The latest plugs about the benefits of physical activity go something like this:
What if your doctor told you there was something available that would improve your mental and physical health, prolong your life and make you feel good? It’s good, old exercise — basically a magic pill for your whole body — and it’s free.
In the garden, that magic pill is mulch.
It offers myriad benefits for flowers, vegetables and trees; reduces the gardener’s workload; and makes everything look better. And sometimes, such as when you use compost or chopped leaves from your own garden as mulch, it’s even free.
In most gardens, now — in mid- to late spring — is the time to start applying mulch.
Do it sooner, and you risk keeping soil cold and damp — not ideal growing conditions for most plants. But wait too long, and you might miss one of mulch’s top benefits: its weed-suppressing powers.
By keeping the soil surface covered and deprived of light, mulch prevents many weed seeds from germinating.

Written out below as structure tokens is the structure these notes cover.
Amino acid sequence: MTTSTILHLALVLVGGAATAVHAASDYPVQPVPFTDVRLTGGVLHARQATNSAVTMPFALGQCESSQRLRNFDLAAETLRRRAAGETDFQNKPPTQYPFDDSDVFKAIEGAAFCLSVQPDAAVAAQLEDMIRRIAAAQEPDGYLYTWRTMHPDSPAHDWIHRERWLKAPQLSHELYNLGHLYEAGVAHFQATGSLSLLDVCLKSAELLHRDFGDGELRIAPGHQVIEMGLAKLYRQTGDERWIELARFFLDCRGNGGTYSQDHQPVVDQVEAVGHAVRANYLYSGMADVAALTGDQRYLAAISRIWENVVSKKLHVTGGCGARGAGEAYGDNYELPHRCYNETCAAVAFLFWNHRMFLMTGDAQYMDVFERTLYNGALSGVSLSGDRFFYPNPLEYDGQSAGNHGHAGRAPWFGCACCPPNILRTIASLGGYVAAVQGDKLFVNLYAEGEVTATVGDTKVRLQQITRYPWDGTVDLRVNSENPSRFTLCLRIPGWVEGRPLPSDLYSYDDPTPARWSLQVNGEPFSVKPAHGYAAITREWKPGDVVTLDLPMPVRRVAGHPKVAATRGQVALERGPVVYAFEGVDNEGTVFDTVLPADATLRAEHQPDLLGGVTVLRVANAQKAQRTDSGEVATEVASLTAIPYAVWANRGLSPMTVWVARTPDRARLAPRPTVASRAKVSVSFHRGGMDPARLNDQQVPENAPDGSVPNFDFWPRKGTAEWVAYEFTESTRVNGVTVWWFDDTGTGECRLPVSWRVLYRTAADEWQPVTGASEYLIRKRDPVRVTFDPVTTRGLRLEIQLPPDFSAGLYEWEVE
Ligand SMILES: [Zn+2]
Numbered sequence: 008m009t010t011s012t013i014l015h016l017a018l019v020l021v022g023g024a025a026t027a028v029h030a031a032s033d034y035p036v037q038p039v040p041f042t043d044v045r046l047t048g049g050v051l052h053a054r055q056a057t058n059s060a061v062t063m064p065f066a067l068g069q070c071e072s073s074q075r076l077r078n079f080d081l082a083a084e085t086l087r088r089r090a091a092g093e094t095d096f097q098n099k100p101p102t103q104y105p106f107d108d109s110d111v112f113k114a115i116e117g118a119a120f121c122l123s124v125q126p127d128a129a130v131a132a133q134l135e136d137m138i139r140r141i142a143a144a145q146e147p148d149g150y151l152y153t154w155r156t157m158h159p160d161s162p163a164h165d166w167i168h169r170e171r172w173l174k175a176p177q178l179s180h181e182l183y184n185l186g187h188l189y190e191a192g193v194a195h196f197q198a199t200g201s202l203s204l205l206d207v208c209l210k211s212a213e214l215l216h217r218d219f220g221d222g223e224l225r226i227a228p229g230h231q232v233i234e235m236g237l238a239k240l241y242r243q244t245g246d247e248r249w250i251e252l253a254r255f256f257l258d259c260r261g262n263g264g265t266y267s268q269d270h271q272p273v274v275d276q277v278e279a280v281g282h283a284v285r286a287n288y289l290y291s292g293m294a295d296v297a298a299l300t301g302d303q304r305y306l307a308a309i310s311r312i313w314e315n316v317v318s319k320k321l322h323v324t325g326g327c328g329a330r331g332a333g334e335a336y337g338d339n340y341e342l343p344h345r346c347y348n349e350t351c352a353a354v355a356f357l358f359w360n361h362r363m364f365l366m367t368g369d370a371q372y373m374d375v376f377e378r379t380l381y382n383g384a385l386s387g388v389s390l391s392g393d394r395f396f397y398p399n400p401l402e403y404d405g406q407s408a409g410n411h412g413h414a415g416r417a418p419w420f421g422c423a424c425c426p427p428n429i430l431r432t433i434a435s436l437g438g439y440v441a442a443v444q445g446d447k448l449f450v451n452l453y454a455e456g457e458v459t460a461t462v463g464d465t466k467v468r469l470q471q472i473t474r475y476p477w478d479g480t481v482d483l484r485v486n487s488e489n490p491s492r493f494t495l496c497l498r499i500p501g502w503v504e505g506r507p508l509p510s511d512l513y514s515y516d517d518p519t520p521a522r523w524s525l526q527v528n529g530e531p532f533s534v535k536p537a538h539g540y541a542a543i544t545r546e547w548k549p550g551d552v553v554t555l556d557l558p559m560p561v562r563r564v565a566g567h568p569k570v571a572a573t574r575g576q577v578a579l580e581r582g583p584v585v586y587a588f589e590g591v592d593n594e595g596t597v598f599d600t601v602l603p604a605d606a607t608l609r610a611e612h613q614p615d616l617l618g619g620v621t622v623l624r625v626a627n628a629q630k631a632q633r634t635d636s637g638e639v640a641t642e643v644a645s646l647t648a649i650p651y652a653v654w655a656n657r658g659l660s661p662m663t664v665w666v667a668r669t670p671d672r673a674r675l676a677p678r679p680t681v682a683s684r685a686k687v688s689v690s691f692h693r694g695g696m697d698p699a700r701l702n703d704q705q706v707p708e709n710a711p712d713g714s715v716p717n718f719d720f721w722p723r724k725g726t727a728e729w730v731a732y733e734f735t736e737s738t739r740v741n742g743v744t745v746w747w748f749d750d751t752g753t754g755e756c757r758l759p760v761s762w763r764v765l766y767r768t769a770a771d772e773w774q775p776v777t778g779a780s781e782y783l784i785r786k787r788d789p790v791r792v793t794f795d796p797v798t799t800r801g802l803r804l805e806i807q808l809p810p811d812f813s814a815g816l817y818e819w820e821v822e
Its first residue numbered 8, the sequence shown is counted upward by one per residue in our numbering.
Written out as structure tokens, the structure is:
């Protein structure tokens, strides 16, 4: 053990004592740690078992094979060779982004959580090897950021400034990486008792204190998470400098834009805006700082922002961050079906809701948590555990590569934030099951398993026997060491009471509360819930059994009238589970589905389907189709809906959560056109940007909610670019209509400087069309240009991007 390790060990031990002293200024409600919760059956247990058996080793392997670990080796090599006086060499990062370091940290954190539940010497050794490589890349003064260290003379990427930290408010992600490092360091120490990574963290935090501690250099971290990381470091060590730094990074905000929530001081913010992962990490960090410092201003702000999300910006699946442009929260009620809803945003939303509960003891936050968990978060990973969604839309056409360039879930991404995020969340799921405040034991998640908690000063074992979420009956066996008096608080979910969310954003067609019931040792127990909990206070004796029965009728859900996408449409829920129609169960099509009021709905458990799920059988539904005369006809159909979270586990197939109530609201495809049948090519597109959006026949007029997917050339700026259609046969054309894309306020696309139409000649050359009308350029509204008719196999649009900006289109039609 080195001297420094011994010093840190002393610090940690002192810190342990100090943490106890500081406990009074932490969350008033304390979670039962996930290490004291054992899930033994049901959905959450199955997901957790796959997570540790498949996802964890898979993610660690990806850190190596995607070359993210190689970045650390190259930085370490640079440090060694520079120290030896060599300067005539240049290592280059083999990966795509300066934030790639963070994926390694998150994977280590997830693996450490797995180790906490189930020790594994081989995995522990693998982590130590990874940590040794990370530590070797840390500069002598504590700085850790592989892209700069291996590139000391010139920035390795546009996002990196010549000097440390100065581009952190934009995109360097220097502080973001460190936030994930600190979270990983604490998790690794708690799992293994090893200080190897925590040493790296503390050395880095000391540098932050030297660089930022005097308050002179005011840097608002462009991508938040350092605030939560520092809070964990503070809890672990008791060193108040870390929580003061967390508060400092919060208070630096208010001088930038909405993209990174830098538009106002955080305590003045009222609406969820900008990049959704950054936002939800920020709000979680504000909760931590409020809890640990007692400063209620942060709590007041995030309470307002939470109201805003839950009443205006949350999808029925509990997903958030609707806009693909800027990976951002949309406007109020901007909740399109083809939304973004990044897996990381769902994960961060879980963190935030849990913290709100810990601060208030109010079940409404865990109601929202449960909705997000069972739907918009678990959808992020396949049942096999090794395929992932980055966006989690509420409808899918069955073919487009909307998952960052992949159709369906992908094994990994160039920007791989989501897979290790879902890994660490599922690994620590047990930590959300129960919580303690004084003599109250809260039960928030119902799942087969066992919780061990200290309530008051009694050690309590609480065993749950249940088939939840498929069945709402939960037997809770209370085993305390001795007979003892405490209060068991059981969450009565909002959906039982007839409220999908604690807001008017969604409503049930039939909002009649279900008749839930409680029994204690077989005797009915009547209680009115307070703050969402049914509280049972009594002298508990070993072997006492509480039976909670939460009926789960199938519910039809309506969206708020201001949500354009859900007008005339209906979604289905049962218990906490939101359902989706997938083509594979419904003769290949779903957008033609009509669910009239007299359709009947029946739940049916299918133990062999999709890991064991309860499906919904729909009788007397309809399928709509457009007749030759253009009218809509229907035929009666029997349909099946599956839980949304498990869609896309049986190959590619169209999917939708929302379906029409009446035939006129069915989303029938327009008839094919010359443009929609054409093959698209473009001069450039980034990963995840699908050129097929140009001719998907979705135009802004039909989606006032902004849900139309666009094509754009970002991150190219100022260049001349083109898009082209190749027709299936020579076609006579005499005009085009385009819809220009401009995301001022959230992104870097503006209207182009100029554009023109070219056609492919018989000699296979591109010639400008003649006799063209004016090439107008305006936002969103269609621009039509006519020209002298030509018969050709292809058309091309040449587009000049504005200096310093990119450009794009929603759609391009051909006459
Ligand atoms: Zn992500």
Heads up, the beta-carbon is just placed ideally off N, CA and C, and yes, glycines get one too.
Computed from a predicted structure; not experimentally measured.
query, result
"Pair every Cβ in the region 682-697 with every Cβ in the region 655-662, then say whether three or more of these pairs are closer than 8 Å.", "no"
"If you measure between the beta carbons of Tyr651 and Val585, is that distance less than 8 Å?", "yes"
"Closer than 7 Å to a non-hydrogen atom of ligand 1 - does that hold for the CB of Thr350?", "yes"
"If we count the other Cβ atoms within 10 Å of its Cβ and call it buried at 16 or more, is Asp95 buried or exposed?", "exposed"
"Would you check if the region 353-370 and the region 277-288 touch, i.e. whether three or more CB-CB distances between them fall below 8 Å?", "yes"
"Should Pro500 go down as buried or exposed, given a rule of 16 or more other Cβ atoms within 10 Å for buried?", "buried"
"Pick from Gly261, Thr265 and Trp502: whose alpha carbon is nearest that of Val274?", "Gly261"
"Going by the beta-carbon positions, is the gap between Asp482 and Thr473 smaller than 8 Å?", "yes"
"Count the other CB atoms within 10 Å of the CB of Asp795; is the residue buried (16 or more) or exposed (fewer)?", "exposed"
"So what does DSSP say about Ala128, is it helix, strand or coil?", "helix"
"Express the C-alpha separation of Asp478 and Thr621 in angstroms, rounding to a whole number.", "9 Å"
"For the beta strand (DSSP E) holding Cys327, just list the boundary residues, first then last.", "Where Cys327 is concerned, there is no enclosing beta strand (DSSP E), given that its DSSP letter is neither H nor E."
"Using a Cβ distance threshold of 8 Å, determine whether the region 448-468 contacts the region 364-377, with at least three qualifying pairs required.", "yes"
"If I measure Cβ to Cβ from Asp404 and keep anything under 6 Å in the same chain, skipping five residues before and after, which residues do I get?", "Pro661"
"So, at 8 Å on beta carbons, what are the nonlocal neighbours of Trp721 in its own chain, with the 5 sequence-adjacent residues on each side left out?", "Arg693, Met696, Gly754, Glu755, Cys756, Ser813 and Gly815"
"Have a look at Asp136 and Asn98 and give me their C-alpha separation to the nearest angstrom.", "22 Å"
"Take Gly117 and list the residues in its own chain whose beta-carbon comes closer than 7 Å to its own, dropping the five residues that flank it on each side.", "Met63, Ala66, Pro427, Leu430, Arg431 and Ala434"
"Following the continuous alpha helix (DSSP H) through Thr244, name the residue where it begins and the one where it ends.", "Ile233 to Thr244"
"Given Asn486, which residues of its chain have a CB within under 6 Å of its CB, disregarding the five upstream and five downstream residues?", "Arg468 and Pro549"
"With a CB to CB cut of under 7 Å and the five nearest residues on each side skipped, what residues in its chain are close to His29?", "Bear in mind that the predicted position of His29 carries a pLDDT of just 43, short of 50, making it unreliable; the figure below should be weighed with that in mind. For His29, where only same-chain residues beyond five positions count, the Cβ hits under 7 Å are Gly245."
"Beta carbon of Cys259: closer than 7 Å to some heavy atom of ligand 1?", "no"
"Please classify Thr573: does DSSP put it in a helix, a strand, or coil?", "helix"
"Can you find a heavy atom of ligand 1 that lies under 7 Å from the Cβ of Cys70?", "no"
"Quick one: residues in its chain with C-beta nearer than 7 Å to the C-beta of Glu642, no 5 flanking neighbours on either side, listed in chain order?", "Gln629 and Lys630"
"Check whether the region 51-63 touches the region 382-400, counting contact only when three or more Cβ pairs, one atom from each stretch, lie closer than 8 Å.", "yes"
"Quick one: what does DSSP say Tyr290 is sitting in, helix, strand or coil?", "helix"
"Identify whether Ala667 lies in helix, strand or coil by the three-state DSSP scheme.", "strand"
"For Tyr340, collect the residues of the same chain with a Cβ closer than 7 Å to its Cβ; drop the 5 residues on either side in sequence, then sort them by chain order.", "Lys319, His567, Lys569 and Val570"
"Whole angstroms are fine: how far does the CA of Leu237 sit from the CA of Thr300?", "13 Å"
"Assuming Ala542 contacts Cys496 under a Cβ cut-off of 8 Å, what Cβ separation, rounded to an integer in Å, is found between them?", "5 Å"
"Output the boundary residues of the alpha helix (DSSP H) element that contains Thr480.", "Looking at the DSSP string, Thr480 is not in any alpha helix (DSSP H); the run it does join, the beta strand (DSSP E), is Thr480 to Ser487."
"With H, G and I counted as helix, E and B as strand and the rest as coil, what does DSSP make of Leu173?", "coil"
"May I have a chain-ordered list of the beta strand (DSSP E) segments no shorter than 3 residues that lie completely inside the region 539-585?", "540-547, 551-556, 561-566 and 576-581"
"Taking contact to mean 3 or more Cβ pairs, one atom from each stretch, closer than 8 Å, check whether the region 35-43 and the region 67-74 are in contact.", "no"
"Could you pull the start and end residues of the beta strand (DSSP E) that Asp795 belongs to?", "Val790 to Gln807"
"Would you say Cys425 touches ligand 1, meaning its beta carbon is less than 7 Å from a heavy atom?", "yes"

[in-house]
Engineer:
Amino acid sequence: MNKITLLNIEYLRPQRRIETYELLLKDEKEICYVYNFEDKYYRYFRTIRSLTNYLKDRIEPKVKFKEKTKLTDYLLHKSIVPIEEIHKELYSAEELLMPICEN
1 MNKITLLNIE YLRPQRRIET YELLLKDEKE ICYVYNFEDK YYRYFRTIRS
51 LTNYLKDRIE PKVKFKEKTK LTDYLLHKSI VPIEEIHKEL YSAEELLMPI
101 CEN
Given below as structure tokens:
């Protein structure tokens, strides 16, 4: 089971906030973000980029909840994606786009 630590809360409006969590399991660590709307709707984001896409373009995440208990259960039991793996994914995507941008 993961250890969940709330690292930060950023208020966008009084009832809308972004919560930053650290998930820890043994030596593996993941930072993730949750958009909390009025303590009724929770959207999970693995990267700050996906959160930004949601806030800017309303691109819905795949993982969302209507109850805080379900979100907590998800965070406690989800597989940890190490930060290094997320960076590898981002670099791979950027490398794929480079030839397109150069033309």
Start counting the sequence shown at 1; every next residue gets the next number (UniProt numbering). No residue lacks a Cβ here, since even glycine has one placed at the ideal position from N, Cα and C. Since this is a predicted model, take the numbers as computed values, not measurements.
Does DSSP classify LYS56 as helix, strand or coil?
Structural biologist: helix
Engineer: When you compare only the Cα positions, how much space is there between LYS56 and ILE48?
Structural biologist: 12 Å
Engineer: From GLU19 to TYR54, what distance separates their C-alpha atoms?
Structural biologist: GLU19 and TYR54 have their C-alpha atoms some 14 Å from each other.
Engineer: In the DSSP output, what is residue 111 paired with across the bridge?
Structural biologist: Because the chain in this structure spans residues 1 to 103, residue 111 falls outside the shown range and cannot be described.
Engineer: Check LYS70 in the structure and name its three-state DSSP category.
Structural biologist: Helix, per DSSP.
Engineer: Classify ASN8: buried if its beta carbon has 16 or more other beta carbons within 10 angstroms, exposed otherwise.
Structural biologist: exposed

Putting the kibosh on weeds, though, isn’t the only superpower wielded by this seemingly mundane material. Mulch can also:
‒ Conserve soil moisture, by acting as a blanket that keeps water from evaporating.
‒ Moderate soil temperature, by keeping soil cooler in summer and minimizing wide temperature swings throughout the year.
‒ Reduce frost heaving, by preventing the freezing and thawing of soil that can lift new plants out of the ground.
‒ Reduce erosion, by keeping precious topsoil from blowing or washing away.
‒ Make yards and gardens look better, by providing a unifying “background” for landscape plants and by creating defined edges between garden beds and lawns or walkways.
‒ Add organic material to soil, by slowly decomposing into smaller particles.
As with exercise, though, you can have too much of a good thing. With bark mulch, for instance, probably the most popular kind, more than a couple inches’ worth harms most plants.
And whatever you do, don’t create the dreaded “volcano effect” around tree trunks.
Mulch piled high around tree bark can lead to disease, unhealthy growth and even death.